After a LOT of consideration, I’ve come to realize that if I want to play with the latest and greatest tech, get my hands dirty with cool new software, and really geek out with my cell phone or tablet, I have to switch to Android.
- Chrome easily the best default mobile browser.
- Android offers, hands down, the best customization.
- Android phones offer the best looking hardware out, bar none. (I mean, take a look at those huge, beautiful screens on phones like the S3, the Note 2, and the RAZR MAXX HD!)
- Android phones have the most exciting technology out there (with Windows Phones catching up, fast)
- I spend a LOT of time using Google products. A lot. An embarrassing amount, in fact.
- Ideologically, it’s quite possibly THE perfect platform for me.
However, more than playing with tech, I love doing my work, and expressing myself through what I create. If I want to get any actual work done, especially in such diverse fields as writing, film, and music then it’s best I embrace Apple’s walled garden. For now.
Note: This may come off as a bit of a rant. It certainly is long enough for that, so I may break this down later to address and expand upon specific points.
In my work, I can see where laptops, tablets, and phones become useful, each in their own right. My work today demands that I have a competent infrastructure in place if I am to be productive, one that provides interoperability between devices, stability, and reliability. I need to be sure it allows for opportunities for expansion through high-quality apps and peripherals, and cannot at any point become an excuse for me NOT doing something which would affect my work. In today’s hyper-mobile, technology-driven market, mobility is paramount in all of this.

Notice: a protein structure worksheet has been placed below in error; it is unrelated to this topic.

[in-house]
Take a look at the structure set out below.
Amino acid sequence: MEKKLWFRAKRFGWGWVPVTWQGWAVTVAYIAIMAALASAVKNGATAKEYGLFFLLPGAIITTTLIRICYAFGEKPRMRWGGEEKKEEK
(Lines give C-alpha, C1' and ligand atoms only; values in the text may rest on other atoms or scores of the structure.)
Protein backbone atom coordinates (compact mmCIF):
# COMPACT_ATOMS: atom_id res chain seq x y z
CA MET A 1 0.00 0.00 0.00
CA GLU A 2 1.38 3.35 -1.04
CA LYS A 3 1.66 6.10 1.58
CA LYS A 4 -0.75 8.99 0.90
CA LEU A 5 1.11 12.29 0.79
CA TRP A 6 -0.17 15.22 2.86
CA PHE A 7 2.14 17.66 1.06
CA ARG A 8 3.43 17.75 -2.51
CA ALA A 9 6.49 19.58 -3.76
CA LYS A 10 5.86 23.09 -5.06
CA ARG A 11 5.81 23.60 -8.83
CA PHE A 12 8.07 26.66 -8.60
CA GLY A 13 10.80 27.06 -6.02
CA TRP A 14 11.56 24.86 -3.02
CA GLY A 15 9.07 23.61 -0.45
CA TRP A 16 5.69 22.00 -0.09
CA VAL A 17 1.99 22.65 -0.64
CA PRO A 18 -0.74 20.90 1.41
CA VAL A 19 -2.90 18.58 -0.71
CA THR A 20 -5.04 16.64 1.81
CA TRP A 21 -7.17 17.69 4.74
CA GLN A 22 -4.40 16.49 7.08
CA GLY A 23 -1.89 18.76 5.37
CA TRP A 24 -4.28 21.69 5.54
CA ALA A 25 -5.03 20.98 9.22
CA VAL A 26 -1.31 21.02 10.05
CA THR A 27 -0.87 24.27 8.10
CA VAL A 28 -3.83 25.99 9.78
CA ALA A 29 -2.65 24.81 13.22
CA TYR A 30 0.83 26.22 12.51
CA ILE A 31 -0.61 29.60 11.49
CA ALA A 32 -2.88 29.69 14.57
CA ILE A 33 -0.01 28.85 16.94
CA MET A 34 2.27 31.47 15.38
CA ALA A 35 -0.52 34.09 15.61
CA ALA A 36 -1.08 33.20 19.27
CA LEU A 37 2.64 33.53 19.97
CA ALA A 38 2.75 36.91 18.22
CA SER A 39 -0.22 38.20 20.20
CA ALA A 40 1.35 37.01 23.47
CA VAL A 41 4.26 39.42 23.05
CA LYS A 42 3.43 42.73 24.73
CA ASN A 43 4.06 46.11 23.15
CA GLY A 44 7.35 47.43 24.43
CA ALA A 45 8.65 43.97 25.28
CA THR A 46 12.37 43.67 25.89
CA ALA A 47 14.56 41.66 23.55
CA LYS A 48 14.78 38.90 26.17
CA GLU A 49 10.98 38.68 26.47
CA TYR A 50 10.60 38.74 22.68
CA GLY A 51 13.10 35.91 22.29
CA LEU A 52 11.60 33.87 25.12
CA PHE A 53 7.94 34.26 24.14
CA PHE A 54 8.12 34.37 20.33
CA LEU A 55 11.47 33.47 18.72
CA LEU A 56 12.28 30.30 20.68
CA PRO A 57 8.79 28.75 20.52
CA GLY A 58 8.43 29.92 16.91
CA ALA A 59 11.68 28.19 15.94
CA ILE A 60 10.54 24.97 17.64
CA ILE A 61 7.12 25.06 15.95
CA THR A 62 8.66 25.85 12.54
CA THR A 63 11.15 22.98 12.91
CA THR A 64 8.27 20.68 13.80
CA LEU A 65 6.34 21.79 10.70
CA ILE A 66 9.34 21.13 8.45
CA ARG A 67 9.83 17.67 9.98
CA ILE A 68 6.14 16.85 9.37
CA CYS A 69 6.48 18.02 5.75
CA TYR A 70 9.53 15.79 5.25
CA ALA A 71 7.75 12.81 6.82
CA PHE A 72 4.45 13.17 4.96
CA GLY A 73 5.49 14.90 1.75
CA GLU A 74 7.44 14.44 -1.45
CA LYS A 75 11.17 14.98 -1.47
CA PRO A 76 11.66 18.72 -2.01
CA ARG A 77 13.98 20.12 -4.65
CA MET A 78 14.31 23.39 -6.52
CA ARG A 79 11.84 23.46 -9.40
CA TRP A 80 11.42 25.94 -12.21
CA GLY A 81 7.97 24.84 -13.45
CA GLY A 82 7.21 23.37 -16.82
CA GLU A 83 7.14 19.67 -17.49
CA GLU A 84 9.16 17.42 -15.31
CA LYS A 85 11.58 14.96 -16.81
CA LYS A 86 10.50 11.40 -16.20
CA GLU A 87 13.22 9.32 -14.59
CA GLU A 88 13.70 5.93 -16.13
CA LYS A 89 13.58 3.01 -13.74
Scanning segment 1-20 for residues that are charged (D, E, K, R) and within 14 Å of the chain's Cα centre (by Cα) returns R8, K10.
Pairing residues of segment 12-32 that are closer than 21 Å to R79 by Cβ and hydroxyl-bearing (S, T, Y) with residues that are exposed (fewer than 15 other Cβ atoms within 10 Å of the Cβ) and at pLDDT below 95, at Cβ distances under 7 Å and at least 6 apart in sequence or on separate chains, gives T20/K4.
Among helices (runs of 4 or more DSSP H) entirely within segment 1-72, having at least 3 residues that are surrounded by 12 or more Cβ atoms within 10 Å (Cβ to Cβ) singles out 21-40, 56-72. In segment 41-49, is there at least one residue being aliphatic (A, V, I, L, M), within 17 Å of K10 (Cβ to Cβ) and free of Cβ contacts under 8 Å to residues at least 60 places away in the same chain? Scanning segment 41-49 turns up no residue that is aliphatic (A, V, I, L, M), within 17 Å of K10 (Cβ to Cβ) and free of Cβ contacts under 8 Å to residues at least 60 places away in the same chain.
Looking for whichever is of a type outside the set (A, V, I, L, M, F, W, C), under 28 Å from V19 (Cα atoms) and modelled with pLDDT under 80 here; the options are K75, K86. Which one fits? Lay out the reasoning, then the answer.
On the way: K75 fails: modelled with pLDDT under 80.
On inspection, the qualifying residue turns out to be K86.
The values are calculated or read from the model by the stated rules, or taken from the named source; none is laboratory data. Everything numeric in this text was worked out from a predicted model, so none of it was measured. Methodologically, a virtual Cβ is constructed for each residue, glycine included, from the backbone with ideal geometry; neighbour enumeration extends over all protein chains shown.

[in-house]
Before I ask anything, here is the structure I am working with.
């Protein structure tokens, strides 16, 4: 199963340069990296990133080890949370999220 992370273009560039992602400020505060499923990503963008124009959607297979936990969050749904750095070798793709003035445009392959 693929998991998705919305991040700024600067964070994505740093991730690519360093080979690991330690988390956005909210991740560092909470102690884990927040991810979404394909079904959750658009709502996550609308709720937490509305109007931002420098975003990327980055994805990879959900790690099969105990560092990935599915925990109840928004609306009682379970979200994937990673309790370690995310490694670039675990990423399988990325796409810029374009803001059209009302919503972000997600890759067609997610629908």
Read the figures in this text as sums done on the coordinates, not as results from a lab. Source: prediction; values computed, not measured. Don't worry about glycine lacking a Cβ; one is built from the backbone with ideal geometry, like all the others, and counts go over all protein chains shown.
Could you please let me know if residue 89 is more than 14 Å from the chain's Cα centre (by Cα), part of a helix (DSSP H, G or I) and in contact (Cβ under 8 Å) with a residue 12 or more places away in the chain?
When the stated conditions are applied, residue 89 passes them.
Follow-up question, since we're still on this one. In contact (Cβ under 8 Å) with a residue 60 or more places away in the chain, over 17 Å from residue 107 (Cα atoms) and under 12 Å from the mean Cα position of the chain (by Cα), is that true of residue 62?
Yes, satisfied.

Apple has a place of dominance in the mobile market unmatched by any current device maker or OS. Sure, there are nearly a billion users of Android, but in all fairness, there are nearly a thousand different types of Android devices, and at least a hundred different versions of Android. Windows Phone, on the other hand, doesn’t really even show up yet. It may one day, but right now it has about the same market penetration as Palm, and nowhere near the influence of RIM, two very obsolete mobile device makers. (Or rather, one obsolete, the other riding into obsolescence.) As such, effectively, Apple offers me more opportunity to exploit the platform than Android does, by fulfilling the aforementioned requirements, at least in the areas that matter to me: writing, filming, publishing, and gaming.
I’m looking for, at the very least, a laptop and a phone that work perfectly seamlessly with each other. Both must have astounding battery life, be well supported, and have a history of excellence, both in my own experience and bespoken of others. In addition, a tablet with a robust development community and application environment is also highly desirable. As a writer, here’s why I’m looking for each:
- A smart phone… well, do I even need to explain it? Having a high quality camera, a link to the Web, a place to type quick notes, watch videos, share information, read and send emails, in addition (of course) to making calls is invaluable.
- A laptop that is, to me, a desktop replacement. Luckily, I don’t exactly require much in the way of specs (last year’s model works just fine for me), but I am impatient, so a snappy system is a must (my system should never be responsible for breaking my workflow). It’s preferable that the laptop be relatively light, but more than anything it must have good battery life. This is a non-negotiable. At least 4-5 solid hours of full use. (This is what I get with my MacBook. Well, used to. Its aging means that it now gets closer to 3 hours. Not bad, but could definitely be better.)